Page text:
General Talking Points
Now that you have a good idea of the “who,” below are high level messages and conversation starters. It’s helpful to have some talking points that have already been gathered by and for the library community. Consider these as you think about the empathy map exercise you just did.
- Privacy is essential to the exercise of free speech, free thought and free association.
- Privacy is a human right.
- Lack of privacy and confidentiality discourages individuals’ choices about what they read or view, thereby suppressing access to ideas and how they learn in the world.
- Libraries are a cornerstone of democracy and help ensure Americans are able to read, research, and think freely.
- The possibility of surveillance, whether direct or through access to records of speech, research and exploration, undermines a democratic society.
- Systems reflect the biases of their creators and biases the ways data is collected and used.
- The library community recognizes that children and youth have the same rights to privacy as adults.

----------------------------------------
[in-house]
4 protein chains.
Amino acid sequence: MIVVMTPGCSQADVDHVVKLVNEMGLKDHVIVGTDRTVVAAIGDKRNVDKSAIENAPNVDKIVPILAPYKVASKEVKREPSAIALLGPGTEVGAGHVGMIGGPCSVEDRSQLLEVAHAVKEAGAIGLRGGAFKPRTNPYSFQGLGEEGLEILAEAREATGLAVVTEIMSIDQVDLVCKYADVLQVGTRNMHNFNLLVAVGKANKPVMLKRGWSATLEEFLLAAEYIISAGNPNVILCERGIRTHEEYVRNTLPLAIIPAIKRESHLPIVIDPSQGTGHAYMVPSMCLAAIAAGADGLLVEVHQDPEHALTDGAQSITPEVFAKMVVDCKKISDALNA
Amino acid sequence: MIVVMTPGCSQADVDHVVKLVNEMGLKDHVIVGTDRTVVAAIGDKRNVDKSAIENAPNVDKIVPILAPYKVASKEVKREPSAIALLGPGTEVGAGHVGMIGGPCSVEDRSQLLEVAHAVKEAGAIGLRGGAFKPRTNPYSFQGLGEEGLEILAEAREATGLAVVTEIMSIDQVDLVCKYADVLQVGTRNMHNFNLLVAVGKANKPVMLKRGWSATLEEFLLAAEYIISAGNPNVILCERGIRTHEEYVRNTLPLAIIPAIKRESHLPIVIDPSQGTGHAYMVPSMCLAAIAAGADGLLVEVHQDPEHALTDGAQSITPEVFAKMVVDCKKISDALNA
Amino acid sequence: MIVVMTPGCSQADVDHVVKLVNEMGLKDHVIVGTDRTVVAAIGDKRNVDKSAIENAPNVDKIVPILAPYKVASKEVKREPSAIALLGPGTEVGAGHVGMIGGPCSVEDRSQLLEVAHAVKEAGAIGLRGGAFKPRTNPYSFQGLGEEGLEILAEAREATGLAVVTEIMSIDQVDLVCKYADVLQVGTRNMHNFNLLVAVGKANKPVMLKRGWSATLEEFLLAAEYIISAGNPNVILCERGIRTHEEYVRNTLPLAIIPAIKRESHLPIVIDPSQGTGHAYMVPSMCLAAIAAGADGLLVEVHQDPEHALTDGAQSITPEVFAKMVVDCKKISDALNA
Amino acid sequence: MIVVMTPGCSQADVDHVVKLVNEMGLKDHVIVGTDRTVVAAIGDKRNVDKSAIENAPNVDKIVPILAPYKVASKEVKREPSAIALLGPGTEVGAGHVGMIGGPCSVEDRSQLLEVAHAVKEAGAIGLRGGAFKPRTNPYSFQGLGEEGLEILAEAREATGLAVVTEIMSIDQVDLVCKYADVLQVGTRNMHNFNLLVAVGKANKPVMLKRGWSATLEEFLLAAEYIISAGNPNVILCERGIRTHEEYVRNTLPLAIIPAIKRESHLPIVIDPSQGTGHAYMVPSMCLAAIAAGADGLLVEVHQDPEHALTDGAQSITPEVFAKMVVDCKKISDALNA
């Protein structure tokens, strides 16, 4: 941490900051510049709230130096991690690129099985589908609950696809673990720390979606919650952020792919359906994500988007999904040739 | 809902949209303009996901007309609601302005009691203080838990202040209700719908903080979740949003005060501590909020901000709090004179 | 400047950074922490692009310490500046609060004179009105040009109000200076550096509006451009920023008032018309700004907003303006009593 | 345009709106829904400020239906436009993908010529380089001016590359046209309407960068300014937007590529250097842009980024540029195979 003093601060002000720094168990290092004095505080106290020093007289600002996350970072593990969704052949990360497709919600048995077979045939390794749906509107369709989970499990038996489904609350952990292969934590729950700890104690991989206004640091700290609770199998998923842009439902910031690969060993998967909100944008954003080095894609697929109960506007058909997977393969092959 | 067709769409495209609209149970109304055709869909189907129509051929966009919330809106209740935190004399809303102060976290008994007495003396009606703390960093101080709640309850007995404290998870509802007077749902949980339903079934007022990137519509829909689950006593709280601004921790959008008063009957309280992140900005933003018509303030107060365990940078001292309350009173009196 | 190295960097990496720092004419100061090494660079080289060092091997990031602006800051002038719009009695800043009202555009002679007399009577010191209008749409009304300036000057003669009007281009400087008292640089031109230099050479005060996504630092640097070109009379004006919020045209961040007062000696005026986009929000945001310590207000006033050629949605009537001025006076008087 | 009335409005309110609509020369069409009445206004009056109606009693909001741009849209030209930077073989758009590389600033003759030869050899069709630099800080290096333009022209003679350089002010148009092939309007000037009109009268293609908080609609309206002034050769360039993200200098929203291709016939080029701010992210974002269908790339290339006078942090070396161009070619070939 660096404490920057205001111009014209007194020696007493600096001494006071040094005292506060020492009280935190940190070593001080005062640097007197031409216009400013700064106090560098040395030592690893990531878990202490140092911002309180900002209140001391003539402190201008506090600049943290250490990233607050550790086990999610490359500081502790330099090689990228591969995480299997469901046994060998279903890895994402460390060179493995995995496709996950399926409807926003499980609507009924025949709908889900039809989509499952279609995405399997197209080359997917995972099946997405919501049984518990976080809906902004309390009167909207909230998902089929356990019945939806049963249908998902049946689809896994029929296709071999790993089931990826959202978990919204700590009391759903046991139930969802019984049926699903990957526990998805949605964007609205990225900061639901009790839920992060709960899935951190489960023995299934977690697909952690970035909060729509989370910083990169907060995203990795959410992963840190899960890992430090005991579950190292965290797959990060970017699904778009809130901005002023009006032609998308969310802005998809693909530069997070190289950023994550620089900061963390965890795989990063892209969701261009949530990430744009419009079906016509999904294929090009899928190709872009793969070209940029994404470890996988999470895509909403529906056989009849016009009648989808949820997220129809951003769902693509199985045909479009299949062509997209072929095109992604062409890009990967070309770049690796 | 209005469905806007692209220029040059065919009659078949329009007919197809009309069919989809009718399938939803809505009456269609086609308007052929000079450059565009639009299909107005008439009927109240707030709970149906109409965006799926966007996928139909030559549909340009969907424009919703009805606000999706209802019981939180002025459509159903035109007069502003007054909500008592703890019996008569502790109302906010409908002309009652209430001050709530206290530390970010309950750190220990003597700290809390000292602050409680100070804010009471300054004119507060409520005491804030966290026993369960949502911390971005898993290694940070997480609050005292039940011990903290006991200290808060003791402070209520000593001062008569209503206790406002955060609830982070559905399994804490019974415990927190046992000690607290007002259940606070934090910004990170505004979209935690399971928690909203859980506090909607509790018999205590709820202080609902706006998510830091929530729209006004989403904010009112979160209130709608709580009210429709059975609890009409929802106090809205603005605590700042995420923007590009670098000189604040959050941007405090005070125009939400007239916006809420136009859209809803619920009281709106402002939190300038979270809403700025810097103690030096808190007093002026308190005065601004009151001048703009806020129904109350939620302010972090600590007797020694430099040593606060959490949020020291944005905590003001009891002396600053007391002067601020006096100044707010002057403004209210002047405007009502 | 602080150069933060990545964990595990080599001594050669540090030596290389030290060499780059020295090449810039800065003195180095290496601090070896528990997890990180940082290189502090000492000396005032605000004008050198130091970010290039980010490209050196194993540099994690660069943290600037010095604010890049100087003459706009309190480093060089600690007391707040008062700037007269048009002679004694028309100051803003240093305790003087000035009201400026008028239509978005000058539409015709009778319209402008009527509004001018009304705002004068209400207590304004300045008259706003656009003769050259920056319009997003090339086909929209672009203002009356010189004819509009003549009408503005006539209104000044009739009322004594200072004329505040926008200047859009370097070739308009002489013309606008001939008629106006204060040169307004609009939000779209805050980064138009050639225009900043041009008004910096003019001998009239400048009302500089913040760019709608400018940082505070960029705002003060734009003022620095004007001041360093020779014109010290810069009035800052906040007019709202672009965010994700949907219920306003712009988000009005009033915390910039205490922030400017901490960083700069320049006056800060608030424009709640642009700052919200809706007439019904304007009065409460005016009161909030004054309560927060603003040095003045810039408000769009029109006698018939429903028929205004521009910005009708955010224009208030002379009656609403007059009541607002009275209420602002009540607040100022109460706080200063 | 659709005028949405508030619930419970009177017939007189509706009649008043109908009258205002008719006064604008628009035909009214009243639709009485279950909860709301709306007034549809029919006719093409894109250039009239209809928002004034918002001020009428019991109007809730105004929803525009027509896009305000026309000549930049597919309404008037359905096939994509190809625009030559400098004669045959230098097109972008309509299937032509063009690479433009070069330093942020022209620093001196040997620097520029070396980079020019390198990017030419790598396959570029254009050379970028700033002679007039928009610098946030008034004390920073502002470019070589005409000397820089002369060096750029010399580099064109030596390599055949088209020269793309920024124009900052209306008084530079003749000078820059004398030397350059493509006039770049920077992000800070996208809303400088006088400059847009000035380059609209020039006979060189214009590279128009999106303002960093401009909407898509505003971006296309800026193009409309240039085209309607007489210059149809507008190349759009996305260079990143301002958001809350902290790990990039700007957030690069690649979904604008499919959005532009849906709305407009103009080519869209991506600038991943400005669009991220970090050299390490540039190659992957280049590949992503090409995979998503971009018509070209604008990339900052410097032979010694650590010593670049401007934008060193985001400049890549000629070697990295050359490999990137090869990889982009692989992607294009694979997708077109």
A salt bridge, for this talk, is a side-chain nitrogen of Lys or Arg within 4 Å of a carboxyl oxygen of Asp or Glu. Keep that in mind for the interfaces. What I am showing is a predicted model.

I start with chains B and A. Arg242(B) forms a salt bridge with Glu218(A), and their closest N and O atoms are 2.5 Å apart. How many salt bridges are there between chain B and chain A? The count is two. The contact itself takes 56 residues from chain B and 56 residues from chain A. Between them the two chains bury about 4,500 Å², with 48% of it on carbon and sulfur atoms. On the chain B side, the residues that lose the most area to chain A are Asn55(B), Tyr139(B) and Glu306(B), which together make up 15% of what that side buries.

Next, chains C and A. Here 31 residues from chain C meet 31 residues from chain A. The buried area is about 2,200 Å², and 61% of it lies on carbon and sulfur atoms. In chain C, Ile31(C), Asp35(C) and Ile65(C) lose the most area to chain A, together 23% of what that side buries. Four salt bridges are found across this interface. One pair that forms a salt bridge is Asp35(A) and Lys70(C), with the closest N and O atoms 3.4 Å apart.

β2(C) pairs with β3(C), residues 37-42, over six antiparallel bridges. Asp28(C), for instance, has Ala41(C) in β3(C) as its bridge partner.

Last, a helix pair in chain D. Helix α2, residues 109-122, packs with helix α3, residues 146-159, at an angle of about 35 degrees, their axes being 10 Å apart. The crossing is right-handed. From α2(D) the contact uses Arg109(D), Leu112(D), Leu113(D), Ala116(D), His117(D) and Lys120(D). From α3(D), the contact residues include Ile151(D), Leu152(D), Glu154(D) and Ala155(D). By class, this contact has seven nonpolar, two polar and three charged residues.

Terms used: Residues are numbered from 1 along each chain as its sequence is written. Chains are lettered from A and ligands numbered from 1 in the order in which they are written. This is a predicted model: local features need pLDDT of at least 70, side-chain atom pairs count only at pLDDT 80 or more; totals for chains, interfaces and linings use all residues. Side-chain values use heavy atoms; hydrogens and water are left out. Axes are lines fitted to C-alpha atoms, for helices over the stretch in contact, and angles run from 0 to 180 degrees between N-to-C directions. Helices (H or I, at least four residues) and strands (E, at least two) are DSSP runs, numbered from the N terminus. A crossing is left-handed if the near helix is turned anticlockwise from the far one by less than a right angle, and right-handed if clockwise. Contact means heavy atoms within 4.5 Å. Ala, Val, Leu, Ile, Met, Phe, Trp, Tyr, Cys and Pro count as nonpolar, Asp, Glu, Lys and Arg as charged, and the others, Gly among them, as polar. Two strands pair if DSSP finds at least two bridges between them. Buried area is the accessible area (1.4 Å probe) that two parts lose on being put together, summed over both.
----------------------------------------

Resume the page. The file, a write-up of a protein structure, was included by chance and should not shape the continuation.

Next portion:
- Most states have statutes declaring library records as confidential documents. The two remaining states, Hawaii and Kentucky, have opinions issued by their attorneys general finding library records to be confidential documents.
- Librarians have a responsibility to protect the privacy of our users while responding to national security concerns within the framework of the law.
- It’s an equity issue -- individuals should have the ability to give consent to be surveilled or not. This type of permission should not be held by only the privileged few.
- ALA’s Library Privacy Talking Points
- EFF privacy questions and talking points on student privacy
- Library Freedom Institute privacy talking points
Would these talking points be useful for your group or person you are trying to talk with? Which ones might resonate or not? Why? Alternatively, think about your audience. What other talking points can you think of that might resonate more with your audience? Write your thoughts below.